Phillippo loved what Body Wise Connection did for her and wanted to give back.
“I started volunteering and helped plan their 2012 and 2013 Bike Wise fundraisers.”
The following year she was asked to join Body Wise’s board of directors. The board is in the midst of planning another community health-related fundraiser to be held in June.
Seeing the benefits that Pilates had for her physical, mental and emotional health, Phillipo, who owns a travel business, thought about becoming an instructor. She took a Pilates workshop with Puleo, who is a master trainer, and then went on to complete her training.
“Not only am I working for the nonprofit, but I am now running my own private Pilates practice.”
She works out of Puleo’s Body Wise Studio and sees Body Wise Connection clients there, too.
Phillippo clearly knows from experience what the Body Wise Connection clients are going through.
“The work we do is to bring some relief in a really scary time in their life.” And Phillippo is sensitive to the specific goals each client has. “Some have never exercised before, and some are very athletic like me. Everyone’s body heals differently.”
Phillippo and the other Body Wise Connection trainers, Kristen Briody and Doris Pasteleur-Hall, personalize the workout for each client and stage of recovery. Lorraine Phillips teaches the yoga class at the Cancer Treatment and Wellness Center.
“Treatment has a long-lasting effect on the body and knowing how to exercise properly with the limitations you may have is very important,” Phillippo says. She listens to the cancer survivors’ needs and keeps in mind the fear factor, too, as some clients are afraid to move.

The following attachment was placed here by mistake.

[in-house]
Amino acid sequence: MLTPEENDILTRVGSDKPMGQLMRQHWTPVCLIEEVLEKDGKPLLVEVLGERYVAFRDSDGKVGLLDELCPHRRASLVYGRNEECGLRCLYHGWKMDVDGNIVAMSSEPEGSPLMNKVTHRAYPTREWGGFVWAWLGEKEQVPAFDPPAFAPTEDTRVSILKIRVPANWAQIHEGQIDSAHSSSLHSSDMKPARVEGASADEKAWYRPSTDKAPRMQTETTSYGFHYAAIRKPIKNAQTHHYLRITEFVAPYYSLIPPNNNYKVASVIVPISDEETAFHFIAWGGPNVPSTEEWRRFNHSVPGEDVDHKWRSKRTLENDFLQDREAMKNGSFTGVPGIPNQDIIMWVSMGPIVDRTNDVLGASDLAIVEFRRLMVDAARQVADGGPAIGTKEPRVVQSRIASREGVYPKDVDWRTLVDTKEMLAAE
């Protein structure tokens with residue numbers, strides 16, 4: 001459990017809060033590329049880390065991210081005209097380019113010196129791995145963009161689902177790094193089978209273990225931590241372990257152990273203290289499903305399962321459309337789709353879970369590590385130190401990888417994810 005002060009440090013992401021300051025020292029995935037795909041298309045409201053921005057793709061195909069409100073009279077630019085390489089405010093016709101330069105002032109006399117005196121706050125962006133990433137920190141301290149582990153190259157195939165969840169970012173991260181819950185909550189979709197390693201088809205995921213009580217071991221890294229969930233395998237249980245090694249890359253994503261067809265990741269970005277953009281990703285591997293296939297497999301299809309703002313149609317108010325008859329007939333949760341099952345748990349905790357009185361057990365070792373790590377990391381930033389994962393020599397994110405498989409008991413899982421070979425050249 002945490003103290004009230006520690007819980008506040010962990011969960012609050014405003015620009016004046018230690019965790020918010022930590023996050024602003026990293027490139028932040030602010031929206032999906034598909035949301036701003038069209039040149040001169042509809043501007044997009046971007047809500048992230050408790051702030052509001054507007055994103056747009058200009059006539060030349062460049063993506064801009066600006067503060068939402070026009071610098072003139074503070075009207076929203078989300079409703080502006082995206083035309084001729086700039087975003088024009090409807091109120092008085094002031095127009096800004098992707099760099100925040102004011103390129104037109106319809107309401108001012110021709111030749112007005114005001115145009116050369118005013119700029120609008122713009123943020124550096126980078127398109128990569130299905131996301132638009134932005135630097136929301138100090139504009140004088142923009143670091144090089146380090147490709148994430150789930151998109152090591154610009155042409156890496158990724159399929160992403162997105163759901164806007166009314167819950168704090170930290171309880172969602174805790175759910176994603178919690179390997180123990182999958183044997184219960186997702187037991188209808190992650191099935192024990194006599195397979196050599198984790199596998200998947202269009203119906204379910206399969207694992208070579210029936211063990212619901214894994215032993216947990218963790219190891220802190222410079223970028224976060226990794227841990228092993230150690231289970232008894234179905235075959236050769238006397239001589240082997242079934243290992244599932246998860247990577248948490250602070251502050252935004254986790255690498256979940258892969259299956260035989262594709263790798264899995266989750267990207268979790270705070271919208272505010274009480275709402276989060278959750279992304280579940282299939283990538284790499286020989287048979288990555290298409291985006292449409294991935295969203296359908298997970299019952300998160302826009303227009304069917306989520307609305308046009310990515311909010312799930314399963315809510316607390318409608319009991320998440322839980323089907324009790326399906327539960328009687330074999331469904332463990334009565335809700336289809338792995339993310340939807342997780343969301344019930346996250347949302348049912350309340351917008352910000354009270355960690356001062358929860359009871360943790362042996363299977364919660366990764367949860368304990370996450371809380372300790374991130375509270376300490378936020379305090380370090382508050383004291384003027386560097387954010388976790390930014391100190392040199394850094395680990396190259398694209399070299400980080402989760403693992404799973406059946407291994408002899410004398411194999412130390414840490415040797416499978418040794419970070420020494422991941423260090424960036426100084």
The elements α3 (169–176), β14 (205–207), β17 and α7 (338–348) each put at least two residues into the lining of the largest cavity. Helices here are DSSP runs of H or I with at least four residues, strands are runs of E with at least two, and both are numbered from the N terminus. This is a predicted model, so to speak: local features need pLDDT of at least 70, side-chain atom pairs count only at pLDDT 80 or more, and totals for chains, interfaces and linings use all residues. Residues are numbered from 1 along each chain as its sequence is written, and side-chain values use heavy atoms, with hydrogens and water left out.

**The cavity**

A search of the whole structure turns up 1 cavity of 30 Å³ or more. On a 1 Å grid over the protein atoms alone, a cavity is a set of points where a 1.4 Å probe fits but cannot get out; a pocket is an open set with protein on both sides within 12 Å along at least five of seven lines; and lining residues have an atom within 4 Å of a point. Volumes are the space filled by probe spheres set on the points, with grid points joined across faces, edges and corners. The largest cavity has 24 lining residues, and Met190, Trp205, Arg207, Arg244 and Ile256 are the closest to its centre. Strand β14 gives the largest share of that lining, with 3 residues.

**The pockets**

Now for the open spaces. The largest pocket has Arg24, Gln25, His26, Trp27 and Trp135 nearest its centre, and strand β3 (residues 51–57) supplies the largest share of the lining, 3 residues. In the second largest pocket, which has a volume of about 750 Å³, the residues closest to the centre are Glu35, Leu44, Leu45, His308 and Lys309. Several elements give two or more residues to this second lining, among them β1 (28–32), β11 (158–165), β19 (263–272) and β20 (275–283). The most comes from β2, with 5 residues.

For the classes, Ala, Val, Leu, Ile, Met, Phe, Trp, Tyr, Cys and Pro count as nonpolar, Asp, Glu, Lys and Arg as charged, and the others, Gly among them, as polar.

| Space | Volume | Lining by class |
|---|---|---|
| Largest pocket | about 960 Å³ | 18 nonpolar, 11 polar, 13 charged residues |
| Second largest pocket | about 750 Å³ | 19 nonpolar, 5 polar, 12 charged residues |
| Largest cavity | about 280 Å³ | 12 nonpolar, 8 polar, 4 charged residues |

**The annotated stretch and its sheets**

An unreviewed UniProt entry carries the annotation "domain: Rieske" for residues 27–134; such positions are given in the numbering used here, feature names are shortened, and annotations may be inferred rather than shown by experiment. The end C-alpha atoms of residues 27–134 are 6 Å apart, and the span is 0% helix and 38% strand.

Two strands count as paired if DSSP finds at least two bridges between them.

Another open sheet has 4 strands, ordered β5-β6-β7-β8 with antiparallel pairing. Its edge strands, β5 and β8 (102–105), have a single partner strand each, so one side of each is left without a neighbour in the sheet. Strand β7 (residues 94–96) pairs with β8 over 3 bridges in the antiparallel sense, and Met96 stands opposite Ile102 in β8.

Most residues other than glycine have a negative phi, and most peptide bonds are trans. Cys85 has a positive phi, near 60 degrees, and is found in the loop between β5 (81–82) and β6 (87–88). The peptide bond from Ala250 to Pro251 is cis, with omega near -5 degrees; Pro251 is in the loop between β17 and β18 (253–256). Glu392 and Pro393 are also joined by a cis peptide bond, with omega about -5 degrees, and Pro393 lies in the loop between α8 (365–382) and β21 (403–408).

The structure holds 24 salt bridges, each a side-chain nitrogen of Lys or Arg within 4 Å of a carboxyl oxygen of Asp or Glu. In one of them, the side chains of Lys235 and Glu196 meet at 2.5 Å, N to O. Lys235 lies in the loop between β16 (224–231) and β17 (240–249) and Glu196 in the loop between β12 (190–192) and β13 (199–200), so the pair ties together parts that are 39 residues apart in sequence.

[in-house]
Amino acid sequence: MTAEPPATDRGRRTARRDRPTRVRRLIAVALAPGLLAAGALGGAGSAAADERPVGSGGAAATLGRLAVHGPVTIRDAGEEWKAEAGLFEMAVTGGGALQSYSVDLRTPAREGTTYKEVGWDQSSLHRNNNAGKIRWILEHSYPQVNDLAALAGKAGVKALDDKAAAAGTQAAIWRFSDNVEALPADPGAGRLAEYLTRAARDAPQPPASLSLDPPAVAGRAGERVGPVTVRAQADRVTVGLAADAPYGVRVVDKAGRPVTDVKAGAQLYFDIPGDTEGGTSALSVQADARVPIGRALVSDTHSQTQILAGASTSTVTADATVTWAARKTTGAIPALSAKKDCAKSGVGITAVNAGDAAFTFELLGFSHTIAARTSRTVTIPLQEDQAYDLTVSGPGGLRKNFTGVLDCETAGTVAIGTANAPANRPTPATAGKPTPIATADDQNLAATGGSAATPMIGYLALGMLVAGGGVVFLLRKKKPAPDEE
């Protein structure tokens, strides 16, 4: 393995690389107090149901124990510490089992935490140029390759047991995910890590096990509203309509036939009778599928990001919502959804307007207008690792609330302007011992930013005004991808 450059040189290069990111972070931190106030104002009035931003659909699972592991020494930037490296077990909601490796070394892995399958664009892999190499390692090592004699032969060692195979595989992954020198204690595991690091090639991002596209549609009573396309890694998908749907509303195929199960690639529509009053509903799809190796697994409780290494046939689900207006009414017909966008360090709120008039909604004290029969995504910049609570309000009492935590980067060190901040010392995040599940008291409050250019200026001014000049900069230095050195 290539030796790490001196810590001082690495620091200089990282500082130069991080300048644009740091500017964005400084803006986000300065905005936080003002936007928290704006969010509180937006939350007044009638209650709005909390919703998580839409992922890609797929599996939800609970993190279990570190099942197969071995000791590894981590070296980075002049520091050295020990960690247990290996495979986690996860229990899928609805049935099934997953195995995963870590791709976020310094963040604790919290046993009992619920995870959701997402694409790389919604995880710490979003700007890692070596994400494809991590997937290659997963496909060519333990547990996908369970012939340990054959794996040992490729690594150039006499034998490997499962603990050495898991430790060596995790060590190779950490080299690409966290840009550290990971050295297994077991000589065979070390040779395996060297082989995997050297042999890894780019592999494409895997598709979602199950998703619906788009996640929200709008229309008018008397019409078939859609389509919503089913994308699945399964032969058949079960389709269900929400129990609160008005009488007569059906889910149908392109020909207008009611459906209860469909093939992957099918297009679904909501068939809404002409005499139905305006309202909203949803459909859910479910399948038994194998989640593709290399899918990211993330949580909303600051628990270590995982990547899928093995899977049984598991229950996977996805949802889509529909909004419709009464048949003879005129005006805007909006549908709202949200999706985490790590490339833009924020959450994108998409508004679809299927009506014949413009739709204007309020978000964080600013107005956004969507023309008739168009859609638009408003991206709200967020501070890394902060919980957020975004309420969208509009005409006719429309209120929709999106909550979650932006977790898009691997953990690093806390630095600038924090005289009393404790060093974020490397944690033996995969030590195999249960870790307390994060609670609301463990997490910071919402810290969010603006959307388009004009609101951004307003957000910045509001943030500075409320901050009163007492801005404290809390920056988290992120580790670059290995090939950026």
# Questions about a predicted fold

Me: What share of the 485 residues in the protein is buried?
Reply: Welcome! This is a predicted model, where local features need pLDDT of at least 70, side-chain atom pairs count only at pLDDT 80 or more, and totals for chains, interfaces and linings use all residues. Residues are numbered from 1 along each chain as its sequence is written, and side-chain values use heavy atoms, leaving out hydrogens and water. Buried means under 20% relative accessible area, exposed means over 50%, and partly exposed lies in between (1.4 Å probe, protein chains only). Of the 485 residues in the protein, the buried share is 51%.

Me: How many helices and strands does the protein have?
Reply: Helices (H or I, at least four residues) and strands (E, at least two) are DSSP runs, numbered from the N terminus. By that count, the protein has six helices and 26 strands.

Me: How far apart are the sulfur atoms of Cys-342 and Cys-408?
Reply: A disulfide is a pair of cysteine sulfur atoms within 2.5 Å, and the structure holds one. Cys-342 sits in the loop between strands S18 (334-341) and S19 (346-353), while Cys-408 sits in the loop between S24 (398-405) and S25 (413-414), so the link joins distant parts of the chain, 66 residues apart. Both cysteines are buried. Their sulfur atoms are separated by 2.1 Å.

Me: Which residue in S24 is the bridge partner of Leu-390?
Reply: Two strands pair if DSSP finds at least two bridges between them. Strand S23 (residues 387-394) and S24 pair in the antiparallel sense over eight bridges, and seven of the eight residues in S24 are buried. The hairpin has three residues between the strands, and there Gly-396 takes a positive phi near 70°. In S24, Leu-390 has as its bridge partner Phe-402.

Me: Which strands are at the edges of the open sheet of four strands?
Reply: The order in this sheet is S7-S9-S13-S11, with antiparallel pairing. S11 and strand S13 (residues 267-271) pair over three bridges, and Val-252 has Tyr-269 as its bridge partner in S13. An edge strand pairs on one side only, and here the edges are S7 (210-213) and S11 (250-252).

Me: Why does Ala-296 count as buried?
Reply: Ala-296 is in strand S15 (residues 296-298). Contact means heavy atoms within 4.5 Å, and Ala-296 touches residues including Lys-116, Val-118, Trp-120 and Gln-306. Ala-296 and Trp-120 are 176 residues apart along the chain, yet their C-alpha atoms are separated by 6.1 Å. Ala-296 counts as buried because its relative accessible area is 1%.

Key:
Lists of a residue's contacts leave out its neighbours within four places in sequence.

“We try to progress if the client is ready. It’s up and down with treatment, and I know from my own experience that it is one step forward and two steps back.”
She is determined to help her clients believe in their bodies again. “The sessions are very private and a time for them to feel special when they leave.” Phillippo gets much satisfaction knowing that she is helping each client feel more confident and go about her everyday life, from performing household chores to physical activity. “I know it does good work, because I went through it.”
Sometimes being around other people who are going through this difficult time is not easy for someone who has just gone through it, which Phillippo acknowledges might’ve been a problem for her.
“I was surprised that I could handle it, maybe because the focus wasn’t on me. I am able to separate my own journey from theirs, which was helpful for me to get past my own diagnosis.”
Puleo has plans for the future of Body Wise Connection beyond the scope of Westchester.
“This is a very reproducible program. We have the core and infrastructure and developed a template. By connecting with other studios, we can reach thousands of people simultaneously across the country.”
Puleo says she sees it as an opportunity to create communities to work with hospitals and enrich everyone: “Moving the human body is a beautiful thing.”
For more, visit bodywiseconnection.org.